On April 19, the European Union’s Article 29 Working Party adopted Explanatory Document WP204 on processor Binding Corporate Rules (BCRs). Processor BCRs provide a new avenue for data controllers to transfer EU personal data to processors (such as cloud service providers) located in third countries not considered to ensure an adequate level of protection under the 1995 EU Data Protection Directive. The Article 29 Working Party, noting the success of controller BCRs and citing the “growing interest of industry in such a tool,” provided initial guidance on processor BCRs in June 2012 through Working Document WP195 (which we previously covered here). WP195 presented a “toolbox” that laid out the criteria for approval of processor BCRs, as well as explanatory notes on the content expected in the processor BCRs. As of January 1, 2013, the EU began accepting applications for approval of processor BCRs.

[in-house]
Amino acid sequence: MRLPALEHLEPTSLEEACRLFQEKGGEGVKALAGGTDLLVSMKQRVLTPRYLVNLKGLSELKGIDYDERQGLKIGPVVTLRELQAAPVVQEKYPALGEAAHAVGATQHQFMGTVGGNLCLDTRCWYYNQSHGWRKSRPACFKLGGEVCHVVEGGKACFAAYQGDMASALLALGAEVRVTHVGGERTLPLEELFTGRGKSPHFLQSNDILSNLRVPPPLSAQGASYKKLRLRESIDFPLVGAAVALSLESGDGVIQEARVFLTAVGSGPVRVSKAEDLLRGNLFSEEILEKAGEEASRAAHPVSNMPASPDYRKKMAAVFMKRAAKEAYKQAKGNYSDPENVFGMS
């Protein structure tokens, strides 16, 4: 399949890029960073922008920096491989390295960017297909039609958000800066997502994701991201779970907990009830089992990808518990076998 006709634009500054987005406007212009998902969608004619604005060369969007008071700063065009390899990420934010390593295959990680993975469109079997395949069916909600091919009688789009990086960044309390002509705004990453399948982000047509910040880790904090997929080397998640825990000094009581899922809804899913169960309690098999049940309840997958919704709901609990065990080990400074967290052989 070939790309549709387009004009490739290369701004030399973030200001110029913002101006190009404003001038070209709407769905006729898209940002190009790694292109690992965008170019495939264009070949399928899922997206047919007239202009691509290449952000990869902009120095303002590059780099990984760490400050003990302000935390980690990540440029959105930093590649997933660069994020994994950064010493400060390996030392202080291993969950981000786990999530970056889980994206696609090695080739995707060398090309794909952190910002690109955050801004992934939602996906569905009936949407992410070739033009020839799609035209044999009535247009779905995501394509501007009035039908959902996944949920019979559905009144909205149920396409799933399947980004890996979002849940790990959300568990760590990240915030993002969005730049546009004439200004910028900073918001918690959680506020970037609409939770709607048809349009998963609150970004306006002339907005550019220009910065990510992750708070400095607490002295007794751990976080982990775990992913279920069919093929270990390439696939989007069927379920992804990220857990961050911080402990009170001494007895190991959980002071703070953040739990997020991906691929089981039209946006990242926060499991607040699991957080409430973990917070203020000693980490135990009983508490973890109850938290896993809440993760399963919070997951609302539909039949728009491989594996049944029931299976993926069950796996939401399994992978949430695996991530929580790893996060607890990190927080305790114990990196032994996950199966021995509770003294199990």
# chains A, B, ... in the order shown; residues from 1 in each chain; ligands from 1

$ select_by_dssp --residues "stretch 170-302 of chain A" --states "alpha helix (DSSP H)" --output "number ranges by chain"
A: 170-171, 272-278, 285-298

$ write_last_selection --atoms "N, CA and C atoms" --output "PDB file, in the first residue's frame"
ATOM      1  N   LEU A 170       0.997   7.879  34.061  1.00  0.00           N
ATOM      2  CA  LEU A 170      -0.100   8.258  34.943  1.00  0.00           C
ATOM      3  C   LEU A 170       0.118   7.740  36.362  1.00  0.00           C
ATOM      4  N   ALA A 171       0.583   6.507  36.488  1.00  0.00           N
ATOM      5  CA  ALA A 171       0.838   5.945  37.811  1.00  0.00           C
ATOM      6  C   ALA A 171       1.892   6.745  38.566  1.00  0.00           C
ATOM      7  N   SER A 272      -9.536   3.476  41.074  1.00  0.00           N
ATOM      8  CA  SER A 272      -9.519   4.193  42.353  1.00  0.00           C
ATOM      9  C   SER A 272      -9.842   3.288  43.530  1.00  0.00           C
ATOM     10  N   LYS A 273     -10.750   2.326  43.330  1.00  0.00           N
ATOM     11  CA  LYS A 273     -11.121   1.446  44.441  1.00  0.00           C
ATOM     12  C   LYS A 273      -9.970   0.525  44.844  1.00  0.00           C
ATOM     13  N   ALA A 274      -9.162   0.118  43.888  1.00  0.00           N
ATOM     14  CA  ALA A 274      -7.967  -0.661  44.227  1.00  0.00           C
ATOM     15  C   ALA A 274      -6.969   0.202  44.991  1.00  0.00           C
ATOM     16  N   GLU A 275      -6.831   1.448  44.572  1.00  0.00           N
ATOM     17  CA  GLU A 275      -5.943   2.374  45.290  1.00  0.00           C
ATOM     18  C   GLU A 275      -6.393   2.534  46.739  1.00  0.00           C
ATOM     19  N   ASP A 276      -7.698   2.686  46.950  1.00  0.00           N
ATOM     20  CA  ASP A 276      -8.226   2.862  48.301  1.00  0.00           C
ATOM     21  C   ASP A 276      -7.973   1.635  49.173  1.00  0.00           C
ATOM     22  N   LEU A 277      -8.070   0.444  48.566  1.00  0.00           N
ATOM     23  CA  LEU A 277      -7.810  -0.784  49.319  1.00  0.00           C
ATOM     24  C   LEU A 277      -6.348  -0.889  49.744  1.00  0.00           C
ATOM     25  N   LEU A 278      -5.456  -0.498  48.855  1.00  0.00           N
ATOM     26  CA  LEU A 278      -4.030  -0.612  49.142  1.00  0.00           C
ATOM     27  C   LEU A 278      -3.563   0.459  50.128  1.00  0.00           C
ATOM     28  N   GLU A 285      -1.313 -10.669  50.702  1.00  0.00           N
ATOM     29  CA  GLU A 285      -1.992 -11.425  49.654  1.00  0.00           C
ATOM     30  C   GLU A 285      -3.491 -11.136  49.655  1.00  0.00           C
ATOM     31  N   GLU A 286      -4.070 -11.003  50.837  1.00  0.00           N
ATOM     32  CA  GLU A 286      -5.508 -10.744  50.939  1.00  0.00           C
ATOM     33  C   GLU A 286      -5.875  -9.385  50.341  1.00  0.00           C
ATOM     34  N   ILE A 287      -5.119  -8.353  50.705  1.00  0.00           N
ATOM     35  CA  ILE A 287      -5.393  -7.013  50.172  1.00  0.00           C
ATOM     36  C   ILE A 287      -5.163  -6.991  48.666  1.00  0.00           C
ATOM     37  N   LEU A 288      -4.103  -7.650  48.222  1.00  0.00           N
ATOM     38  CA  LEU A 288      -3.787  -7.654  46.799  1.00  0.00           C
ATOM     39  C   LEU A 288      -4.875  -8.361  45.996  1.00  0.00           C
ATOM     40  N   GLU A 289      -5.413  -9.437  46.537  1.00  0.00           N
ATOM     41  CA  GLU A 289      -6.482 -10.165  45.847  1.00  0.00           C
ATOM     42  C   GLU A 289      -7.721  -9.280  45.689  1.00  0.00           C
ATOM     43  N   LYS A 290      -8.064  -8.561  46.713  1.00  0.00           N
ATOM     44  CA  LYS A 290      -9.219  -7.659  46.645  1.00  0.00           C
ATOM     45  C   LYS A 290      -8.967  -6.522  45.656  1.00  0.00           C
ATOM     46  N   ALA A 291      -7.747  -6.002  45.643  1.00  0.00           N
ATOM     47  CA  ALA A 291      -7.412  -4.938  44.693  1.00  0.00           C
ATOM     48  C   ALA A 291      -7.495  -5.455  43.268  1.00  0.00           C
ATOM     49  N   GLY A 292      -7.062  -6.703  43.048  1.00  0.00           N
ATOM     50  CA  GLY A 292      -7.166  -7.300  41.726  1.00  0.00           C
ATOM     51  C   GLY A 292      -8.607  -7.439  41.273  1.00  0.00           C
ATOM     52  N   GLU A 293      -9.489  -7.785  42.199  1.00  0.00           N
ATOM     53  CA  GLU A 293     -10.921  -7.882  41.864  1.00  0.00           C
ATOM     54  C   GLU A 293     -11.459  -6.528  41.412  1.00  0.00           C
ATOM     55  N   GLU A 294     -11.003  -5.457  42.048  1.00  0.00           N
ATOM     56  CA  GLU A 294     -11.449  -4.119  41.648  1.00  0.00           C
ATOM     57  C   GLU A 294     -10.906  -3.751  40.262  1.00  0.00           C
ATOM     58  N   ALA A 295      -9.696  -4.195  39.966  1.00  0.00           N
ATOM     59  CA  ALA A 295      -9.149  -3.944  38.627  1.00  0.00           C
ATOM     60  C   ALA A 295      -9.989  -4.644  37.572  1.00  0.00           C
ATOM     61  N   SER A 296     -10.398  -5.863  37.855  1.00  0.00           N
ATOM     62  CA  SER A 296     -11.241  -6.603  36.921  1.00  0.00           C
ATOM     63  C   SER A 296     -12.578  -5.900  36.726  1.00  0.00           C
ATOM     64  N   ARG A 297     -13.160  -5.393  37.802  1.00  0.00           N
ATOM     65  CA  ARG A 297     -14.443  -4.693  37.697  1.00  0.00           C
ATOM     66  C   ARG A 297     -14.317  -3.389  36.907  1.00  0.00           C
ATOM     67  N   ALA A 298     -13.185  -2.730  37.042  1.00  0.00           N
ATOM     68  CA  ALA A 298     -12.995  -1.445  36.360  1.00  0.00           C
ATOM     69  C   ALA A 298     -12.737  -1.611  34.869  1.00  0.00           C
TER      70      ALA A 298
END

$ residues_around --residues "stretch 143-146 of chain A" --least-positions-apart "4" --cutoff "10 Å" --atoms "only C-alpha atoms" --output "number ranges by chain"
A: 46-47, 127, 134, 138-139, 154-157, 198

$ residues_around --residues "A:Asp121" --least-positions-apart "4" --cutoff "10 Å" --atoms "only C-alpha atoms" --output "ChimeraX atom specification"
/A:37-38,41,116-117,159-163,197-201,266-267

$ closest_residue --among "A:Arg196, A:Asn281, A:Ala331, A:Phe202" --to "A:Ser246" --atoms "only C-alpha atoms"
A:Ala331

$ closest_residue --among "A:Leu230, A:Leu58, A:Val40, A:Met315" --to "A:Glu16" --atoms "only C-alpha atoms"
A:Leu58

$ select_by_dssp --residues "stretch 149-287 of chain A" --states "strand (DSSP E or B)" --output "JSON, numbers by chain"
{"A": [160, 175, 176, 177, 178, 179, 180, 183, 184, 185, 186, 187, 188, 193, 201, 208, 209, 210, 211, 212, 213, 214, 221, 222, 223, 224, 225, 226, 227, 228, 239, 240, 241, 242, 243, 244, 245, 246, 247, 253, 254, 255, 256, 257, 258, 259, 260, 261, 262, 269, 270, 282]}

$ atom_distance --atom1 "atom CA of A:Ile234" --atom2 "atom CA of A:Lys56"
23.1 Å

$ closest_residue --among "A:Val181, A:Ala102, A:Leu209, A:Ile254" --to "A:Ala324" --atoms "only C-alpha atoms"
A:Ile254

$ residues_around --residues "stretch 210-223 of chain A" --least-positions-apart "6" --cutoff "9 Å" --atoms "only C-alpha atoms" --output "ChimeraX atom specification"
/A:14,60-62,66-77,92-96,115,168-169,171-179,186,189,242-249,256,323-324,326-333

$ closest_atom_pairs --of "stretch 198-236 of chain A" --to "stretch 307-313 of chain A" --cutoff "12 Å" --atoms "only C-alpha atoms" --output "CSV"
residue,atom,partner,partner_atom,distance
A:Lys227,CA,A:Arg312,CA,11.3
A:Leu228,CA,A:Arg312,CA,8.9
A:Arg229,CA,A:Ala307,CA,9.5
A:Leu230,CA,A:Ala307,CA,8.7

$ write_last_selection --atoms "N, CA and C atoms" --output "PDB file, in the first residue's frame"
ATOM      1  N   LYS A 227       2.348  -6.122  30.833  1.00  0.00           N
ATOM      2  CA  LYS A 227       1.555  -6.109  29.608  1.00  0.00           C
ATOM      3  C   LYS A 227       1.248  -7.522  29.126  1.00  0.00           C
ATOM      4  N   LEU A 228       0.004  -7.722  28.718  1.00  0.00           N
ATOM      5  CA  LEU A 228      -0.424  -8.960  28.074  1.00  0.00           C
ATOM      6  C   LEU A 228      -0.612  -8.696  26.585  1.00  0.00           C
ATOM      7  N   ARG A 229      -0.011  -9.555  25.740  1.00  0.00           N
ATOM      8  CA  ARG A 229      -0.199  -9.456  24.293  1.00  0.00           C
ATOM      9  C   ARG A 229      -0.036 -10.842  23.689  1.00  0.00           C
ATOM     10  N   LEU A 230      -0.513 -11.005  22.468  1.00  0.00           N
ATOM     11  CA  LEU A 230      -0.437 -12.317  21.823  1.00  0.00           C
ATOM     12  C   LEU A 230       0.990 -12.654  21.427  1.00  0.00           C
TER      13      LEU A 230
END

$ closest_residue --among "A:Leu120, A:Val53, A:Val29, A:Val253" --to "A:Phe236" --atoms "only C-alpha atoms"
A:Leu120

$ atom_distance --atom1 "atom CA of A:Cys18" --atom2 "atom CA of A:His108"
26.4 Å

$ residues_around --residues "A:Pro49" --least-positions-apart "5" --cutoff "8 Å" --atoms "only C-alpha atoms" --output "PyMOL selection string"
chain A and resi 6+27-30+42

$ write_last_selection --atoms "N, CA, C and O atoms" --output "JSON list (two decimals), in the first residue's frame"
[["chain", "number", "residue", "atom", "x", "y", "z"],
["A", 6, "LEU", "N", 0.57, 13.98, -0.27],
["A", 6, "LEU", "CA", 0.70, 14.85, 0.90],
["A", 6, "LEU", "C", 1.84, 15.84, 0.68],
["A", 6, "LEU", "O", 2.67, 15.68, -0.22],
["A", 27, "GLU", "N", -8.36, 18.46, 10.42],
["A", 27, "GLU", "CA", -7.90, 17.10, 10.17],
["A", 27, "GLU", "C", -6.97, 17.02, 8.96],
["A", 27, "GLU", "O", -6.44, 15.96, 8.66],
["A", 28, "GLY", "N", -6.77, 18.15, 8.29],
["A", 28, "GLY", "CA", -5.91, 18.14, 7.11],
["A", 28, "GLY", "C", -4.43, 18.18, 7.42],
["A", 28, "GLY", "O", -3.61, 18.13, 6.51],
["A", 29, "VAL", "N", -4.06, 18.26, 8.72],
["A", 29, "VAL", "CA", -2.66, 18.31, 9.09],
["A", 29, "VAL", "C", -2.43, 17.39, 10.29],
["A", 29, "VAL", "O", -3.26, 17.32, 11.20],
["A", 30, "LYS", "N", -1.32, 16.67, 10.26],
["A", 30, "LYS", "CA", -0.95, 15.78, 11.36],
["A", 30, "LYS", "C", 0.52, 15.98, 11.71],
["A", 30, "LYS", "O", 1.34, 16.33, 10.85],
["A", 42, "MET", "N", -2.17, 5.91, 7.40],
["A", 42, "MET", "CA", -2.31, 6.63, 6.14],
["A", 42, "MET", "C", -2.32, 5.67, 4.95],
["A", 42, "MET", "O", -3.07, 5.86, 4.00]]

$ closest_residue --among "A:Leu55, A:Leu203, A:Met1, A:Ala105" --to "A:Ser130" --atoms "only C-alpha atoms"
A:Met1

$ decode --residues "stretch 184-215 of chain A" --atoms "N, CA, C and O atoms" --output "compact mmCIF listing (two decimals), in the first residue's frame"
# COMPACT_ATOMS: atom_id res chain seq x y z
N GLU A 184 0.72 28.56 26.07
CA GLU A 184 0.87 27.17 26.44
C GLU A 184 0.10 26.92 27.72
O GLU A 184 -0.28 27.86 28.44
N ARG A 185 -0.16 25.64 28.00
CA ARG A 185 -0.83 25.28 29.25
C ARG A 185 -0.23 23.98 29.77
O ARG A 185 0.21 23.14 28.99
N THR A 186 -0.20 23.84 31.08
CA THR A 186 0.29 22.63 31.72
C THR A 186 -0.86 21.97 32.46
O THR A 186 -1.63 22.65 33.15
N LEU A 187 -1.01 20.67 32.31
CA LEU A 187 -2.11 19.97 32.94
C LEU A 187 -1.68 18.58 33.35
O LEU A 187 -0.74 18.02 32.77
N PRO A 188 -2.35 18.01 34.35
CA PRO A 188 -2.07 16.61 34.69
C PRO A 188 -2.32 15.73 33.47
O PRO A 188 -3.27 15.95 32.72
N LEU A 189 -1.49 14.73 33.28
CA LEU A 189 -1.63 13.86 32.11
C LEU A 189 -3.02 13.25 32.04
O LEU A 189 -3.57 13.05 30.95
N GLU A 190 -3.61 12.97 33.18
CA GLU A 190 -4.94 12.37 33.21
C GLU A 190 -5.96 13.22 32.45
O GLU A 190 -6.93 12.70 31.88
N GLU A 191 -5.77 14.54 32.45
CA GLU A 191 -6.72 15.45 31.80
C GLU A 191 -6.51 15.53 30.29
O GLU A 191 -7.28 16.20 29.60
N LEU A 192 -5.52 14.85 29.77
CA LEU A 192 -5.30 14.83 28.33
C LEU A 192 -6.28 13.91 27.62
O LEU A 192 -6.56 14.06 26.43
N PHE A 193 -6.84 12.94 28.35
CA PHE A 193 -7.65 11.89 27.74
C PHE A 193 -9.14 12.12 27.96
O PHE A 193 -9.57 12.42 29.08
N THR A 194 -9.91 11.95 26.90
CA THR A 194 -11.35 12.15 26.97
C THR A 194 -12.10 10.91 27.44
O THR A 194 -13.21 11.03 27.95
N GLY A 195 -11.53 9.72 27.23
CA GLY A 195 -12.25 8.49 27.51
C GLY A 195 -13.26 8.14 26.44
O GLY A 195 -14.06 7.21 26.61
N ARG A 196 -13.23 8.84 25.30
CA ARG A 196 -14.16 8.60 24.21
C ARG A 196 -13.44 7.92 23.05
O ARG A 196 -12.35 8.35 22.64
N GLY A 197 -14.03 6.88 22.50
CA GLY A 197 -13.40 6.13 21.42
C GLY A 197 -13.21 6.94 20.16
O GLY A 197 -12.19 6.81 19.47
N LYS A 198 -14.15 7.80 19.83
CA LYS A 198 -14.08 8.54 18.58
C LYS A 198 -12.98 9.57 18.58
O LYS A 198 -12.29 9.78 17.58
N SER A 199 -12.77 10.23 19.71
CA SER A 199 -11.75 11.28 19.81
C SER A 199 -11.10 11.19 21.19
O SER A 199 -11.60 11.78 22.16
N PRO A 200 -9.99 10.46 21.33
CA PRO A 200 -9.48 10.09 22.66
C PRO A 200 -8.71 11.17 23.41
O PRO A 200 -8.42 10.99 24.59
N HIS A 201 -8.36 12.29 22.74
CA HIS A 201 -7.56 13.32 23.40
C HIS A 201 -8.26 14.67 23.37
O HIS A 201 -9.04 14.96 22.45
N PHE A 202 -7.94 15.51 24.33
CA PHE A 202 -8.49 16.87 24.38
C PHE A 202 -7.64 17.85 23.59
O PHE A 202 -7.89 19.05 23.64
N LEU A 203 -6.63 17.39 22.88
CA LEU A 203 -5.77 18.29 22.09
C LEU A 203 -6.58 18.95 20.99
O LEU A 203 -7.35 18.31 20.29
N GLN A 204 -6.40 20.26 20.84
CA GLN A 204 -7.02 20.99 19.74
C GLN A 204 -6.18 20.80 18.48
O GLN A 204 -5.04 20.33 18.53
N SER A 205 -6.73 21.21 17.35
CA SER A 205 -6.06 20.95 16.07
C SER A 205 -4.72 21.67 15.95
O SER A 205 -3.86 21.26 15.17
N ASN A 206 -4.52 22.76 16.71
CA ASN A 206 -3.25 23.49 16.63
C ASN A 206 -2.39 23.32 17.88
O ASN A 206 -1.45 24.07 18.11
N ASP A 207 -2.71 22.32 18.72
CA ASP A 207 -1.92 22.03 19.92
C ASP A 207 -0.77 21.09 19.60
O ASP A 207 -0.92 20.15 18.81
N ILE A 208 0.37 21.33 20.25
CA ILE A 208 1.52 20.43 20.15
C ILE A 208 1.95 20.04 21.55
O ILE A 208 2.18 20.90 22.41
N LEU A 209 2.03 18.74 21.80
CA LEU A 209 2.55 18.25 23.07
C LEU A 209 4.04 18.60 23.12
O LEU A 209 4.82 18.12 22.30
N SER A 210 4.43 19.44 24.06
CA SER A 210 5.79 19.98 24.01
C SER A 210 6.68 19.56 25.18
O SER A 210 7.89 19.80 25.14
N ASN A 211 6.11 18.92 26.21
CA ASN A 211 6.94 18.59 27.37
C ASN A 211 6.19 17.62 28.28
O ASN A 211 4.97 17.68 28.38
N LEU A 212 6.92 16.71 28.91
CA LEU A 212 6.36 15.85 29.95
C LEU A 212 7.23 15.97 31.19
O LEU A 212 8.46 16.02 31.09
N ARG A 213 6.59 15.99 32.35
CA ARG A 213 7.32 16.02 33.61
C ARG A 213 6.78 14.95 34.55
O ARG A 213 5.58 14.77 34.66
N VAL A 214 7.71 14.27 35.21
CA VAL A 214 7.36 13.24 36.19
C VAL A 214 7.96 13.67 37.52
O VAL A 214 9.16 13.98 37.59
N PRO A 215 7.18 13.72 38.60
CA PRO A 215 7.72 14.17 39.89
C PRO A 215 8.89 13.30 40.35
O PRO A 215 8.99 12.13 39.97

The Article 29 Working Party on 6 June 2012 adopted Working Paper WP 195 as a new “toolbox” with recommendations for Binding Corporate Rules (BCRs) for data processors.
Are BCRs the key to global interoperability? Some think so at the IAPP London conference. This post discusses opinions from conference presenters — will BCRs will become more and more popular as corporations implement new accountability measures, or will they fade under the weight of continued bureaucracy?
Although the European Commission was expected to release its overhaul of the 1995 Data Protection Directive (95/46/EC) next month, some of the details of those changes emerged earlier than expected this week. In this post, we summarize the many key changes between the Data Protection Directive and the Commission’s draft Data Protection Regulation.
Hogan Privacy and Data Security Co-Chair Chris Wolf recently gave an interview on recent developments under the EU-US Safe Harbor to Nymity that was published in its free online newsletter. The interview is accessible through this blog entry.